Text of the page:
by Mark Lewis Taylor
Over the years and recently again, I have found it necessary to explain why I consider my political advocacy and work for Mumia Abu-Jamal to be integral to my professional work. I even dedicated my last published book to Mumia Abu-Jamal. I am grateful to a former Dean many years ago – in the 1990s – who invited me to write out thoughts like the following. I post them here for the record and in case it is helpful to others.
Dr. . . . [name omitted], Academic Dean
Office of the Academic Dean
Princeton Theological Seminary
[Date: several times since the late 1990s]
Dear Dean ________:
In conversation with our Vice President for Financial Affairs I have learned that my faculty secretary is unhappy doing correspondence and secretarial work associated with my research, writing and witness, when pertaining to the journalist on Pennsylvania’s death row, Mumia Abu-Jamal.
I will visit with my secretary about this to discern whether this is a problem relating to her fear and sense of vulnerability, or just a difference of values and politics between us. Because of my respect for her and her competence, I would in no way want to force this upon her.
This matter, however, raises the larger issue of whether and how this work I do in relation to the movements for Mumia Abu-Jamal is a part of my professional work at Princeton Theological Seminary. [The Vice President for Financial Affairs] suggested that you, in previous correspondence with him indicated that this was not part of my work.
With all due respect, I would like to suggest that it is a part of my work, (1) as a scholar trained in the academic community, (2) as an ordained minister of the gospel of Jesus Christ and (3) as a theologian at this seminary. My warrants for this claim can be found in each of these three areas, and I share them with you, now, in hopes that we may be in better dialogue and understanding with each other.
As a scholar trained by the academy I am subject to the canons of scholarship. This means I am obligated to respect disciplined inquiry, to undertake my research and writing in ways that value the most carefully worked out criteria for truth.
I have studied carefully the transcripts of the capital case against Abu-Jamal, and the environment of 1970s and 1980s Philadelphia within which this award-winning journalist worked and in which he was eventually convicted of the murder of Philadelphia police officer, Daniel Faulkner. I have found his conviction to be not just a violation of justice in a political realm, but also a violation of the criteria of truth and reasoned inquiry. Evidence has been spurned and manipulated even as great injustice has been done to Abu-Jamal.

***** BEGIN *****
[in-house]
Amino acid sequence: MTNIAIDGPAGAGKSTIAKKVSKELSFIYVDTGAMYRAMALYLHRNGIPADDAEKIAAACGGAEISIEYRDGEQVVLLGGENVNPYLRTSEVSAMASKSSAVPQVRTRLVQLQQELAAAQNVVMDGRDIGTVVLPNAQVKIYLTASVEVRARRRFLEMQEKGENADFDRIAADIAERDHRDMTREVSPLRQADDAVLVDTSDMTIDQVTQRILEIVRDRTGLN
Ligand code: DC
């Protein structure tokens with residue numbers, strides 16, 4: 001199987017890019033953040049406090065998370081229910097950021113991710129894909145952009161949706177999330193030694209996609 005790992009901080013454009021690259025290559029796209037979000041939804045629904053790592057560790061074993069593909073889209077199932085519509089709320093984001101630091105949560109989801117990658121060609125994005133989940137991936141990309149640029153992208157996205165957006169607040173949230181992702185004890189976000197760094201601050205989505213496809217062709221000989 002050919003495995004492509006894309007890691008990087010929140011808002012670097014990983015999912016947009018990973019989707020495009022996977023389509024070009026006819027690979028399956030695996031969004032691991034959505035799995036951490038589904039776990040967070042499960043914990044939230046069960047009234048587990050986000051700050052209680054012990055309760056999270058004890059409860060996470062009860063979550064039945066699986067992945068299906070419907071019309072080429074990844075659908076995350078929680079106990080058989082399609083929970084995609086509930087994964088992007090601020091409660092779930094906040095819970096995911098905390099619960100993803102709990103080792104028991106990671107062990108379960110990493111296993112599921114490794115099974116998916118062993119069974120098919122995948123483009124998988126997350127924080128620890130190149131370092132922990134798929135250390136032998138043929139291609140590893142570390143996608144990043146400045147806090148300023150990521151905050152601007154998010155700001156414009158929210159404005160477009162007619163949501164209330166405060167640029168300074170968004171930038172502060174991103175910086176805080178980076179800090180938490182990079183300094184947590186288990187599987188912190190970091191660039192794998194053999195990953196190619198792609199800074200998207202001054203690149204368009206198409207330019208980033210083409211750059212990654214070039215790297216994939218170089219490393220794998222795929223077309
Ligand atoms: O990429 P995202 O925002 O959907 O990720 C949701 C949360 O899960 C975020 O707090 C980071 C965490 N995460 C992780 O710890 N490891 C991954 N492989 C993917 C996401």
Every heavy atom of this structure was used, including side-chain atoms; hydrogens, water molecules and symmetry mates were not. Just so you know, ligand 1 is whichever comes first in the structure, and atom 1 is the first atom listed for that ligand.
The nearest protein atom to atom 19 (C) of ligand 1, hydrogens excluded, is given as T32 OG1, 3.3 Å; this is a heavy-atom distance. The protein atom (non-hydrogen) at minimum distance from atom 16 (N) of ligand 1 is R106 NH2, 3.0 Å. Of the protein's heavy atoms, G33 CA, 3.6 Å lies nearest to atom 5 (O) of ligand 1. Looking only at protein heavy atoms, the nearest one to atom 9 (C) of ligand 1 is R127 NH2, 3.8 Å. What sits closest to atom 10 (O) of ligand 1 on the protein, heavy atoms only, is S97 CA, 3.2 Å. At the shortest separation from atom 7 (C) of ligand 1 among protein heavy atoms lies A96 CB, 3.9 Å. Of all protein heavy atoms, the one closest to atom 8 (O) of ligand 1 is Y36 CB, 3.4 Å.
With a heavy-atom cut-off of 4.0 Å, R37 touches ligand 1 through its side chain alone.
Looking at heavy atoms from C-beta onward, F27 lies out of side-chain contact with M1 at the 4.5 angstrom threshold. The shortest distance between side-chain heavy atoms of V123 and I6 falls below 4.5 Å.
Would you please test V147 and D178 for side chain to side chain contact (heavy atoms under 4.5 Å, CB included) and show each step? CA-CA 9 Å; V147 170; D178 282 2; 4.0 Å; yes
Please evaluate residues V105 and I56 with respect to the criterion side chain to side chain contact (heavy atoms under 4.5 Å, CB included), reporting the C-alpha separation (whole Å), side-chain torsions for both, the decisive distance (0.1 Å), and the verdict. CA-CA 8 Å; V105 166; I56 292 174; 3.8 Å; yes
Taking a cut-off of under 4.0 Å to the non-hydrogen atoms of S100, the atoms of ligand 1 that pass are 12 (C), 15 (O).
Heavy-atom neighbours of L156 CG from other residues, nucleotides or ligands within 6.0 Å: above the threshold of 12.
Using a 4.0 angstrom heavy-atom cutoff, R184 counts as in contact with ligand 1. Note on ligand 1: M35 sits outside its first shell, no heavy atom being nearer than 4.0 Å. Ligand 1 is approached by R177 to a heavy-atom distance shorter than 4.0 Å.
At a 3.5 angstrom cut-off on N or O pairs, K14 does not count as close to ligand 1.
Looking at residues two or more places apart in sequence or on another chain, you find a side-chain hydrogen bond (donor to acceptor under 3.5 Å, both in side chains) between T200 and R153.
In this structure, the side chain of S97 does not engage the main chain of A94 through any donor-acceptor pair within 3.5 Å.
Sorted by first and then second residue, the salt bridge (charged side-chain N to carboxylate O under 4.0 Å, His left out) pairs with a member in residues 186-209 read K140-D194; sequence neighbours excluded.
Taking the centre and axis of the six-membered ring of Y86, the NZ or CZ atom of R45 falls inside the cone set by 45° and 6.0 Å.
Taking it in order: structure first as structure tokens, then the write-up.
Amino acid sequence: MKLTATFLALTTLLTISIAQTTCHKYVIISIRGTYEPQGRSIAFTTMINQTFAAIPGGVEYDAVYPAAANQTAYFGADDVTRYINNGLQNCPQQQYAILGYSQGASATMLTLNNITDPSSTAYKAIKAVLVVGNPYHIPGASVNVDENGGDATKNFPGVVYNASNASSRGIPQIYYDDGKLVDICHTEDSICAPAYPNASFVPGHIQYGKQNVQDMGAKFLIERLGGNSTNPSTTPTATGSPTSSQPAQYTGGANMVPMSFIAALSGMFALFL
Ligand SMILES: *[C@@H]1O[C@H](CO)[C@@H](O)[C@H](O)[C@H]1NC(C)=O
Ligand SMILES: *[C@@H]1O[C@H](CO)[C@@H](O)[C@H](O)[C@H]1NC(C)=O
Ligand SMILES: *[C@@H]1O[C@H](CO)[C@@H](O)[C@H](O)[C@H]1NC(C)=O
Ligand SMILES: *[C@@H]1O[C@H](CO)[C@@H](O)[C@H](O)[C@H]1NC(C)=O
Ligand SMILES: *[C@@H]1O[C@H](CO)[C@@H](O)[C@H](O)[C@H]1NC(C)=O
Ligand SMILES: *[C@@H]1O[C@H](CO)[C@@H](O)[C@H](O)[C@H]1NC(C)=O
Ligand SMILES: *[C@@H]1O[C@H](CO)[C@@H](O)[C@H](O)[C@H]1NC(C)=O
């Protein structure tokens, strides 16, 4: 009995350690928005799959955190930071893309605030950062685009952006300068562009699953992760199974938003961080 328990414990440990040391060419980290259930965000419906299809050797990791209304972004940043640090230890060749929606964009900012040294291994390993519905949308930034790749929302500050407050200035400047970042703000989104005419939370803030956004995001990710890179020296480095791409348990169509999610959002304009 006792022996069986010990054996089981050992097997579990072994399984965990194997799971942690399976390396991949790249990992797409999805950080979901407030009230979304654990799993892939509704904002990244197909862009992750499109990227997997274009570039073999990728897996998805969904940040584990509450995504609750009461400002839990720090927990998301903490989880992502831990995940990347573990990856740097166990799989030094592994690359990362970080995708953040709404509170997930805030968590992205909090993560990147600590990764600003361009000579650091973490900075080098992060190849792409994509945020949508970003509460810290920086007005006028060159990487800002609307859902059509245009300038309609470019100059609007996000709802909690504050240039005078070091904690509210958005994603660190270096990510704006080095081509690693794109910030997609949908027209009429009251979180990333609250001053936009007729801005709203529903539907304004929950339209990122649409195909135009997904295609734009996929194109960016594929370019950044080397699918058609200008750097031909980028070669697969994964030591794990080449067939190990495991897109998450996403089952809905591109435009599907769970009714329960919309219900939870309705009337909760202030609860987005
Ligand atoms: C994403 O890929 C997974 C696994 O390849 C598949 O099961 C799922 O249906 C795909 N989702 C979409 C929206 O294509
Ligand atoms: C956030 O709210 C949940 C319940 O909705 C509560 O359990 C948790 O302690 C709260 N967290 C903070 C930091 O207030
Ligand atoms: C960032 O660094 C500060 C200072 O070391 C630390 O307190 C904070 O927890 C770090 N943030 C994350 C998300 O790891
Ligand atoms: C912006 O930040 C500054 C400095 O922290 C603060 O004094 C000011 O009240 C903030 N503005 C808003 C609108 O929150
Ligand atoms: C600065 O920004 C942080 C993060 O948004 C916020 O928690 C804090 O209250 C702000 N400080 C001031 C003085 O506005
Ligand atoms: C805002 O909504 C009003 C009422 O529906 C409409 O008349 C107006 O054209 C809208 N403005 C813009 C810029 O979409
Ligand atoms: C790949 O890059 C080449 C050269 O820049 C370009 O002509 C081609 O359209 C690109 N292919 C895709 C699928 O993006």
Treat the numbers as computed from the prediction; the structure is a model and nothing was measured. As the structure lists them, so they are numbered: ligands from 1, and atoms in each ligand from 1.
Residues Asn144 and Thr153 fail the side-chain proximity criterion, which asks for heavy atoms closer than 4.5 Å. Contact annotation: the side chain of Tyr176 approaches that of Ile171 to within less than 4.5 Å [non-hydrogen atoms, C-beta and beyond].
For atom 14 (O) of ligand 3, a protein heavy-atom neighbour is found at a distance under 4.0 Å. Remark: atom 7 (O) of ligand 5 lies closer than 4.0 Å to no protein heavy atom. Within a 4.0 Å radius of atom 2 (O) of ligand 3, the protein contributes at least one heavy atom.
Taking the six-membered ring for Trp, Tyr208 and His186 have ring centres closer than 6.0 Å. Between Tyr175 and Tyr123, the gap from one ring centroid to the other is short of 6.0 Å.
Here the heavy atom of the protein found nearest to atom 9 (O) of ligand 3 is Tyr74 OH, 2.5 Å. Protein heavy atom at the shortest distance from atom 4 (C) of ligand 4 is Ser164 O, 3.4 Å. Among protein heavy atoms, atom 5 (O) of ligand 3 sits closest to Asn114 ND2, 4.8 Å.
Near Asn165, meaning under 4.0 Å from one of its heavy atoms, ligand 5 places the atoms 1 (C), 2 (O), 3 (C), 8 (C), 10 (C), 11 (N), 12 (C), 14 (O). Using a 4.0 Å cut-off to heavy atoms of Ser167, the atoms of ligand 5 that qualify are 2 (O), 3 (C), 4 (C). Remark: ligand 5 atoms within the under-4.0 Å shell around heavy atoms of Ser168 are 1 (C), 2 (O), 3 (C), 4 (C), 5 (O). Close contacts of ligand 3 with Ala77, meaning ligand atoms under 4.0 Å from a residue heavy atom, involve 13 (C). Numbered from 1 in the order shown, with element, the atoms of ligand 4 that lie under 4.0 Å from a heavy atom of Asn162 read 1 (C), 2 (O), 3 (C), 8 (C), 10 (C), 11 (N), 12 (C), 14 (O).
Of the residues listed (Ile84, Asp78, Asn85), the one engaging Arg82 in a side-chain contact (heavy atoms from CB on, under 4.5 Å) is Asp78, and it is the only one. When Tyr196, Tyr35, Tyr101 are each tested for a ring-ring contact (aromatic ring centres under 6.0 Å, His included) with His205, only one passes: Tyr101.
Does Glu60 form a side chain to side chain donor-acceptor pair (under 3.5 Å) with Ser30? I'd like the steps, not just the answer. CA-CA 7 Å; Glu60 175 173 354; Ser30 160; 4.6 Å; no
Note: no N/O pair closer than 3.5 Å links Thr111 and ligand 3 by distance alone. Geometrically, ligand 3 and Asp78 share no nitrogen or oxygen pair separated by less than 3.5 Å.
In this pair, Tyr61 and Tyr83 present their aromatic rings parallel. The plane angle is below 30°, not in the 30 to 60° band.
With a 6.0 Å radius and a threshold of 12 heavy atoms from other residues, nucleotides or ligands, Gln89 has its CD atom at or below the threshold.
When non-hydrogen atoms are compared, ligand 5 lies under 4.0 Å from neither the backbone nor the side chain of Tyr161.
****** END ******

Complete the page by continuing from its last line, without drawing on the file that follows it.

I am by no means alone in this. Over 600 scholars, on campuses across the country and the world have joined in calling for a new trial for Abu-Jamal. These include some of the most respected names in the U.S. academy, award-winning writers and professors who signed on with my organization, Educators for Mumia Abu-Jamal in 1996 – a few being Adrienne Rich, Leslie Marmon Silko, Martín Espada, Rudolfo Anaya, Achille Mbembe, Gayatri Chakravorty Spivak. Included also were scholars like Cornel West and Henry Louis Gates, Jr., Stephen Gould and Harvey Cox – all of Harvard University. Working and speaking out for Mr. Abu-Jamal, one finds also Noam Chomsky of the Massachusetts Institute of Technology, Nell Painter and Toni Morrison of Princeton University, Houston Baker and Farah Jasmine Griffin, formerly of the University of Pennsylvania, now of Columbia University, and Dr. Anthony Monteiro of the University of the Sciences in Philadelphia. The new President of the American Sociological Association, University of Florida scholar Joseph Feagin, is also a strong supporter. A special note should also be made of the well-published scholars, Manning Marable and Michael Dyson of Columbia University.
Nobel laureates like Desmond Tutu, Wole Soyinka, and José Saramago have joined with writers and scholars to call for a new trial for Abu-Jamal. Professors from distinguished law schools across the country – e.g. Patricia Williams (Columbia), Burton Caine and David Kairys (Temple University) and others – have also joined with us. Critical theorist Judith Butler included in her address to the Annual Meeting of Comparative Literature scholars a sustained analysis of the works on prison abolition by Angela Y. Davis and Abu-Jamal.